February 17, 1995 |
Let's pause for a moment of appreciation: We are having an incredibly light flu season. Usually, this time of year, schools and offices are hard-hit with influenza. In a moderate or heavy year, schools report up to 30% absentee rates, while visits to doctors' offices triple. None of that has happened this year, and there are no signs that a flu wave is about to hit (although the East Coast has reported some sporadic outbreaks this month that could head west).
January 25, 1999 |
California's flu season is arriving late and has been relatively mild so far, especially compared with the severe outbreak last year that left hospital emergency rooms overflowing, health officials said last week. "It's really only been in the past two weeks that things have started to pick up," said Michael Hendry, chief of the respiratory, AIDS and support section in the state Department of Health Services office in Berkeley. "It's mild to moderate so far."
CALIFORNIA | LOCAL
January 4, 1998 |
A mighty wave of flu and respiratory disease is sweeping through Southern California, filling hospital emergency rooms and doctors' offices @with hacking, wheezy, sneezy victims, many of them very young or old. Hospitals from Ventura to San Bernardino counties are treating and admitting patients in record numbers, leading doctors to warn of an epidemic influenza season.
CALIFORNIA | LOCAL
February 19, 1988 |
It may be small comfort for those still suffering from sore throats and achy muscles, but county health authorities says this winter's flu outbreak seems to have peaked without reaching epidemic proportions. "It looks like it's beginning to taper off a little bit," said Dr. Donald Ramras of the Department of Health Services. "That doesn't mean people aren't sick. But we haven't reached what the Centers for Disease Control calls an outbreak level, and it looks like we won't reach it this winter."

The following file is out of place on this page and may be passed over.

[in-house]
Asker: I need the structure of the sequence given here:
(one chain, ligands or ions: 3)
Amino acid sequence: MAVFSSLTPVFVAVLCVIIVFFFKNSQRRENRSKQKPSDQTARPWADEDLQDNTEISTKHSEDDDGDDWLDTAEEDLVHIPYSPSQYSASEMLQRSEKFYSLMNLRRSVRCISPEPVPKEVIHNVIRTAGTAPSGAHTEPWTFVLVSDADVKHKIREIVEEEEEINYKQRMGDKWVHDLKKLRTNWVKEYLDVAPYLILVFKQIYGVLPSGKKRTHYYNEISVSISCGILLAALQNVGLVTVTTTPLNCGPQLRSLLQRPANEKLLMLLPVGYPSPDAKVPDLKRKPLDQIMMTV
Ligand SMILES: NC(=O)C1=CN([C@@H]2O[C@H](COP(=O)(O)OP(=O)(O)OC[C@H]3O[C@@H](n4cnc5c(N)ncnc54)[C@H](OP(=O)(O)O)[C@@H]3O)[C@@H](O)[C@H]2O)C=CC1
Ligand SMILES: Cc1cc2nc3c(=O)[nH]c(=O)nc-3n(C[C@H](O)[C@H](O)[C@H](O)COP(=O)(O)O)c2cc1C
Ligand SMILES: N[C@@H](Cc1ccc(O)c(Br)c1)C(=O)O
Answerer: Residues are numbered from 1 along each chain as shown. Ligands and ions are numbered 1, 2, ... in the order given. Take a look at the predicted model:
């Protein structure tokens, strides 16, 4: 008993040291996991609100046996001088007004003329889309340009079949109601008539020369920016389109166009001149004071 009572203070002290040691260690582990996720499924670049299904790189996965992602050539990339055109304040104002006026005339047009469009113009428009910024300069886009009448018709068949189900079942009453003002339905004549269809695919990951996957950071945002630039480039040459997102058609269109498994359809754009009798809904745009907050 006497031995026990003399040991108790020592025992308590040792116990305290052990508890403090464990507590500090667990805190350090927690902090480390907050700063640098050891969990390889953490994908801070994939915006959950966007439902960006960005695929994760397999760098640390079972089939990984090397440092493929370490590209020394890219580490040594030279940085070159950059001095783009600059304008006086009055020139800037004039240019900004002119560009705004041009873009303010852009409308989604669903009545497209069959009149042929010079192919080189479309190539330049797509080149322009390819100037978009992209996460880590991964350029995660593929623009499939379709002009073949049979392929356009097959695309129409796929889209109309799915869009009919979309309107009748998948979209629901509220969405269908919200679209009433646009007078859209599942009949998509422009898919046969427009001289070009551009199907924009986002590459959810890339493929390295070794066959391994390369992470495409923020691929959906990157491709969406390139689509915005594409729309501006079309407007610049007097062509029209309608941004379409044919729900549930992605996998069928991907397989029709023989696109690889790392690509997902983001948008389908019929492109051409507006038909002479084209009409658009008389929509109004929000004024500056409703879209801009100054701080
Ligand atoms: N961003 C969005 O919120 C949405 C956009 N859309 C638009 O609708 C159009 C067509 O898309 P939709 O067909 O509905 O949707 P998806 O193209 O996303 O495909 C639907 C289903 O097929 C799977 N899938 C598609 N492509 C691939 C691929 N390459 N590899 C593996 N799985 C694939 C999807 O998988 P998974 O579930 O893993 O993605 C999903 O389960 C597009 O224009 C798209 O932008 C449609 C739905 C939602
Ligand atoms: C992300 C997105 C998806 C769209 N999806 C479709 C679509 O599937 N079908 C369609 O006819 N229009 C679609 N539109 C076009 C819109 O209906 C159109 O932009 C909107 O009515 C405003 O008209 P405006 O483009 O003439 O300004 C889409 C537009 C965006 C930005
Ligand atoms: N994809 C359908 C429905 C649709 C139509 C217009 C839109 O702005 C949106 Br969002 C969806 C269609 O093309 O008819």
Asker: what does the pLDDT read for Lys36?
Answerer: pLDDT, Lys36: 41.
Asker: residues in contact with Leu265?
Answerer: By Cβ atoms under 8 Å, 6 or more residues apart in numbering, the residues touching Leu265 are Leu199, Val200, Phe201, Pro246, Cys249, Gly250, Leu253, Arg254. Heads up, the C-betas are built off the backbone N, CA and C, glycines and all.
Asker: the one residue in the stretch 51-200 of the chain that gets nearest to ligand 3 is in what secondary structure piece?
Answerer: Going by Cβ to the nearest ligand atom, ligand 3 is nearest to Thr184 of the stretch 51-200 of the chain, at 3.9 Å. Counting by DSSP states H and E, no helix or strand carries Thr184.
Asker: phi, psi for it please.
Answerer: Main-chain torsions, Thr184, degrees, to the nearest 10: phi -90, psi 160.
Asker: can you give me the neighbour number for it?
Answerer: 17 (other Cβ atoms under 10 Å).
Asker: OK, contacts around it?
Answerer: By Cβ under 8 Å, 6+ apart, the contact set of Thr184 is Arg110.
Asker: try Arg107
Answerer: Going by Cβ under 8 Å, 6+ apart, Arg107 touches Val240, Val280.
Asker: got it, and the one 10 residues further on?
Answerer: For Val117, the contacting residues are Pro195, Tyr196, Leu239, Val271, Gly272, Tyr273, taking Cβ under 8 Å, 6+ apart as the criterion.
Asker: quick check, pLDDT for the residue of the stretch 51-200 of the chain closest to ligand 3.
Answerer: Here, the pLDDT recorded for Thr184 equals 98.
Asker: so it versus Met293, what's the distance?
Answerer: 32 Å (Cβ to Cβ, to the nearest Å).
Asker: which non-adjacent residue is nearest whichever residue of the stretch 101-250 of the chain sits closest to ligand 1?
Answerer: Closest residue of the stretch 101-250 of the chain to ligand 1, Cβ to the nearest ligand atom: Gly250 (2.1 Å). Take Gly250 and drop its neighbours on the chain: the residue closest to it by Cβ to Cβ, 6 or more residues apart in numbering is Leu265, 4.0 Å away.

October 24, 2009 |
Influenza-like illnesses are now higher throughout the country than levels generally seen at the peak of the seasonal flu season, federal health officials said Friday, even as they dismissed media reports from a day earlier that one in five children had contracted swine flu during the first weeks of October. Pandemic H1N1 influenza activity continues to spread throughout the country, with 46 states now reporting widespread activity, the Centers for Disease Control and Prevention reported.
January 26, 1990 |
This winter's flu season has reached the epidemic stage and flu deaths are at their highest in eight years, the Centers for Disease Control said in Atlanta. Most of the cases reported to the CDC this winter have been the A-H3N2 type. That was the predominant strain in the 1984-85 flu season, when an estimated 57,000 Americans died from flu--37,000 more than in a typical winter.
November 26, 2004 |
The flu season in the United States is off to a slow start, with only Delaware and New York reporting significant outbreaks -- a relief to government health authorities, given the U.S. vaccine shortage. Even so, the "widespread" activity in Delaware -- the first state to be classified at the highest flu level -- is a little misleading. The state meets the designation because confirmed cases have been found in every county. But the state has only three counties -- and six cases in all.
March 16, 1990 |
The 1989-90 flu season could turn out to be the worst in five years, the national Centers for Disease Control said today. And the dominant strain--Type A-H3N2, or the "Shanghai flu"--is one that hits especially hard against older people, who probably are not vaccinated, according to a CDC report. In the average influenza season, flu kills about 20,000 Americans. But in 1984-85, the last year in which A-H3N2 was so predominant, about 57,000 people died.
November 8, 2004 |
The U.S. influenza season is starting slowly, but it is still too early to tell how severe the outbreak will be as the nation faces a vaccine shortage, the head of the Centers for Disease Control and Prevention said. Texas and New York have reported some localized outbreaks, and sporadic cases have turned up in some other states, Dr. Julie Gerberding said at the American Public Health Assn.'s annual conference in Washington.
November 9, 1989 |
Winter ended in the Southern Hemisphere without a major influenza epidemic or the apparent development of any new strains of flu, and that's good news for those of us living up north. "I don't know of any reason at this point to think that this year is going to be a particularly bad year (for flu)," says Orange County epidemiologist Dr. Tom Prendergast. "If this was going to be a really terrible year, we probably would have heard something by this time from the Southern Hemisphere.